The Carolinian, December 11, 1986, page 1

Institutionally, UNC system administration began addressing the AIDS epidemics across campuses beginning in 1985. All heads of universities were sent information published by the American Association of State Colleges and Universities, providing basic information about the disease.[4] There is no singling out of gay men in the brochure, just an overview of the virus and how it spreads. One week later, William Friday, President of the UNC system, released an official summary of the Administrative Council accounting their meeting regarding the system’s proposal to address the AIDS epidemic.[5] The Administrative Council proposed the creation of a task force to address the epidemic, comprising representatives from all sixteen UNC campuses. This sixteen member task force was composed of four student health service physicians, four student affairs officials, four attorneys, and four health educators. UNC Greensboro had three representatives on the taskforce.[6] It was deemed by the Council that the primary responsibility of the Infectious Disease Advisory Committee was to develop and disseminate information about the virus and how it spread. The actual handling of AIDS cases on each campus would be the responsibility of the chancellors of each campus, but the system task force would provide expert advice and guidance as necessary.

Student Health Services at UNC Greensboro developed a preliminary policy for dealing with AIDS patients. This included procedures such as “advise the patient of possible social problems, particularly in residence halls, if it is known or rumored that he/she has AIDS” and “suggest that if he/she elects to remain in school that it might be in their best interest to consider residing off campus” due to the social consequences. The policy also clearly stated that AIDS victims (as they were described) would not be barred from classes, from using university facilities, or from public gatherings.[7] There is no mention of homosexuality in the policy.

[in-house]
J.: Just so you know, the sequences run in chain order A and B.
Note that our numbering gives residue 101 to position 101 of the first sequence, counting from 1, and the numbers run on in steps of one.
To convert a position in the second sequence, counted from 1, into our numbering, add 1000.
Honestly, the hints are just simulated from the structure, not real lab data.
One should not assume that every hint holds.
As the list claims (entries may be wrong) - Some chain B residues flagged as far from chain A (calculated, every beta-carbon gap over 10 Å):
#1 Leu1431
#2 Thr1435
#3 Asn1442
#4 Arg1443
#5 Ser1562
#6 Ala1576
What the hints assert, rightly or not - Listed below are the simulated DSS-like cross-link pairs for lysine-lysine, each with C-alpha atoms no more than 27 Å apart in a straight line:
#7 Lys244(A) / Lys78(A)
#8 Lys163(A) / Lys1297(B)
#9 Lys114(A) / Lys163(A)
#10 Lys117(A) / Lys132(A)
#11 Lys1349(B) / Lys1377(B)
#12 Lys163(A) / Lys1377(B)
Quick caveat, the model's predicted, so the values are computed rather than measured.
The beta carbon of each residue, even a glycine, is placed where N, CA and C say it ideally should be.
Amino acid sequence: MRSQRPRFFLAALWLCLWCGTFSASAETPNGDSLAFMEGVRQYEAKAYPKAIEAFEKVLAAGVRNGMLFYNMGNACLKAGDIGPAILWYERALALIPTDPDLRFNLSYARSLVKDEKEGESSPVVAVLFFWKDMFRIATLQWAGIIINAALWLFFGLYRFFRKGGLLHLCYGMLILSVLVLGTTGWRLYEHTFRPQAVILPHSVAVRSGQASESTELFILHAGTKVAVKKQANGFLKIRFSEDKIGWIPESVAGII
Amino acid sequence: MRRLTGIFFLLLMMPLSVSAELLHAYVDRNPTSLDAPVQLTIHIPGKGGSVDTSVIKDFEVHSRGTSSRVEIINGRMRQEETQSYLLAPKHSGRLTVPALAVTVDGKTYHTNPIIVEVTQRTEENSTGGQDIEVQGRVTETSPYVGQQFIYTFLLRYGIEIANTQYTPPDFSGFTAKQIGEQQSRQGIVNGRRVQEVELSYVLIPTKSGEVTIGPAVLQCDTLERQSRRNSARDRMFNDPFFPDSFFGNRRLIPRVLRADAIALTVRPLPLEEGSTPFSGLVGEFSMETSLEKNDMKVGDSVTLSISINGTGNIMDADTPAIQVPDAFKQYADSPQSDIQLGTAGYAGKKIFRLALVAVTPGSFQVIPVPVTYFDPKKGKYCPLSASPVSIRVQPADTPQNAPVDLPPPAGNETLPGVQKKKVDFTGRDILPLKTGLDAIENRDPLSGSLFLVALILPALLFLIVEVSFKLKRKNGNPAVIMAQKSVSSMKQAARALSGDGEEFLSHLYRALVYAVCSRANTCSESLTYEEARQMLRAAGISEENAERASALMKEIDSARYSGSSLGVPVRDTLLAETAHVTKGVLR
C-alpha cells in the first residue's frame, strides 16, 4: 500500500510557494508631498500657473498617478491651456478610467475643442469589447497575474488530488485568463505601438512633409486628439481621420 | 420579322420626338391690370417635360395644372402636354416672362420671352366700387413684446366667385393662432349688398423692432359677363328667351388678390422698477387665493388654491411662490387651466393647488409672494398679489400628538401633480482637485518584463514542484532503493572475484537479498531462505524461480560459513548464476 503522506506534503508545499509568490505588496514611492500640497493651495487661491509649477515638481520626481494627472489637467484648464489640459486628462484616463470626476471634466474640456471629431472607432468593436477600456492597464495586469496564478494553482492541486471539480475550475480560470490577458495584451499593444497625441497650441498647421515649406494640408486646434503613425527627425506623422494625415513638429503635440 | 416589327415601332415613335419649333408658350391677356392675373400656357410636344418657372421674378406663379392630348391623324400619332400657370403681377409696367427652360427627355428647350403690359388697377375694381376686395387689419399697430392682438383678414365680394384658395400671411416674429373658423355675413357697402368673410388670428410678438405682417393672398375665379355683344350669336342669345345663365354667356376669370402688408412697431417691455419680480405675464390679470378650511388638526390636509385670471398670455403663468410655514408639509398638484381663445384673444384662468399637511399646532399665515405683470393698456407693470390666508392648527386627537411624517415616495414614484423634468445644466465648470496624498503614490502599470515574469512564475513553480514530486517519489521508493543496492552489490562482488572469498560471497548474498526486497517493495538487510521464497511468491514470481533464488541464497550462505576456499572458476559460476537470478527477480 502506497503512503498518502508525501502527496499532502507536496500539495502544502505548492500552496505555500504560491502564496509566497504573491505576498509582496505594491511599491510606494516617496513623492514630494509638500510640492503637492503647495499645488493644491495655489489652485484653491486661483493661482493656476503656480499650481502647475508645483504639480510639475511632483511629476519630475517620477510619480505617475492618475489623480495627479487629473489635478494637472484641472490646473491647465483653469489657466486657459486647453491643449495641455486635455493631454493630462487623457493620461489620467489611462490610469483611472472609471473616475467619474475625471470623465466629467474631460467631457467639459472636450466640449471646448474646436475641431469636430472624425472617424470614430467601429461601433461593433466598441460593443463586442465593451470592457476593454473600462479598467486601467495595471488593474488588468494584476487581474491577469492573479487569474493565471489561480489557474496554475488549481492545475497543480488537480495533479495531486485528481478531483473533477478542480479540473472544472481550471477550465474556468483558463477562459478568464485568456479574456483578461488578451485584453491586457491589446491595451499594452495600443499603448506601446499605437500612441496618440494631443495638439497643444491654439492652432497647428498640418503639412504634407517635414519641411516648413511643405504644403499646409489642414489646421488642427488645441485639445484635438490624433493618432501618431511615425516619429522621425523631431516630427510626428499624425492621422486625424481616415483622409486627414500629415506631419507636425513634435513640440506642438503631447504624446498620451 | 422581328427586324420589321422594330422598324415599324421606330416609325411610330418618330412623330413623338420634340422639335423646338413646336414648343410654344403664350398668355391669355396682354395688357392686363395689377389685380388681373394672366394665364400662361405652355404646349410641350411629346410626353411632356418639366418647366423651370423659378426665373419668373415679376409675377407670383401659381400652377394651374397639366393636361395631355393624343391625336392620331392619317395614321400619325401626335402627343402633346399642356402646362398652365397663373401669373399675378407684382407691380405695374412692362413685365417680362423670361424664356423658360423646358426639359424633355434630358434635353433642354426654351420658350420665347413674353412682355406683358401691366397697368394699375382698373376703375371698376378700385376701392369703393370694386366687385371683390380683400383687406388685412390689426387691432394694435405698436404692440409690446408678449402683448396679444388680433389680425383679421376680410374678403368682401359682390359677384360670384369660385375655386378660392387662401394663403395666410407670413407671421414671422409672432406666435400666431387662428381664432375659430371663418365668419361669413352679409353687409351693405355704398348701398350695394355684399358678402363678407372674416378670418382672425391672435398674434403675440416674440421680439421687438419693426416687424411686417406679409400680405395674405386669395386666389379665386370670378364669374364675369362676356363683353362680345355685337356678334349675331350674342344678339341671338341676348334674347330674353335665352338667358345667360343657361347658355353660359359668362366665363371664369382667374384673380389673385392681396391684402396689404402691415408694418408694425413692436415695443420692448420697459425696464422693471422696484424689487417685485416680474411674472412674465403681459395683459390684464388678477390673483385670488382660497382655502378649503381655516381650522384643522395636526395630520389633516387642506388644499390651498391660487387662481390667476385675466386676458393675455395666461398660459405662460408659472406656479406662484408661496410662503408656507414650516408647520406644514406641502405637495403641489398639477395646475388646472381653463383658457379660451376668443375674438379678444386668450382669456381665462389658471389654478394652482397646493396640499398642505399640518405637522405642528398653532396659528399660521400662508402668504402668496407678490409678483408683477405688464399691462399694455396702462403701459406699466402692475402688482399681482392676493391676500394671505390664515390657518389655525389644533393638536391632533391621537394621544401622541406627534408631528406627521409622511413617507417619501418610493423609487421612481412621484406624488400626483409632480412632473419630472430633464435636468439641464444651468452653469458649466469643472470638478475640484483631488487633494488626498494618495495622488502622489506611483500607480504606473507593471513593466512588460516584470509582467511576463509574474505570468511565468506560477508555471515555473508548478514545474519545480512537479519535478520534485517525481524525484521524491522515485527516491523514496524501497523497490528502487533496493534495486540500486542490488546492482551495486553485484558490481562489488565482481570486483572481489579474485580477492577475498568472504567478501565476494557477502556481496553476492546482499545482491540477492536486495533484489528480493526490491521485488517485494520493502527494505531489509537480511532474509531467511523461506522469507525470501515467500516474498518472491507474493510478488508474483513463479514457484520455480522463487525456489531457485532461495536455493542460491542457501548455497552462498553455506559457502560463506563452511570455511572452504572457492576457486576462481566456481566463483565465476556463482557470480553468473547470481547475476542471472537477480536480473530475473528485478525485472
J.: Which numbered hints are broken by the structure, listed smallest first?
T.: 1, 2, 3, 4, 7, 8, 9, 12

Through most of the documentation relating to UNC Greensboro’s handling of the AIDS epidemic, there are surprisingly few mentions of homosexuality. Some of the materials acknowledged that the gay men fall into the high risk population for the virus, but emphasizes that,

“... this is not, in any endemic sense, a ‘homosexual disease.’ The disease did first gain a substantial foothold within that segment of our population, and its rapid spread among homosexual men is attributable, among possible factors, to certain sexual practices that constitute particularly efficient means of transmitting the virus. Thus, as in the case of Hepatitis B and Syphilis, AIDS is primarily a sexually transmitted disease, and for all such diseases there is a higher incidence among homosexual members of the population. AIDS has remained relatively confined to the population because its members constitute a relatively closed social and sexual grouping.”[8]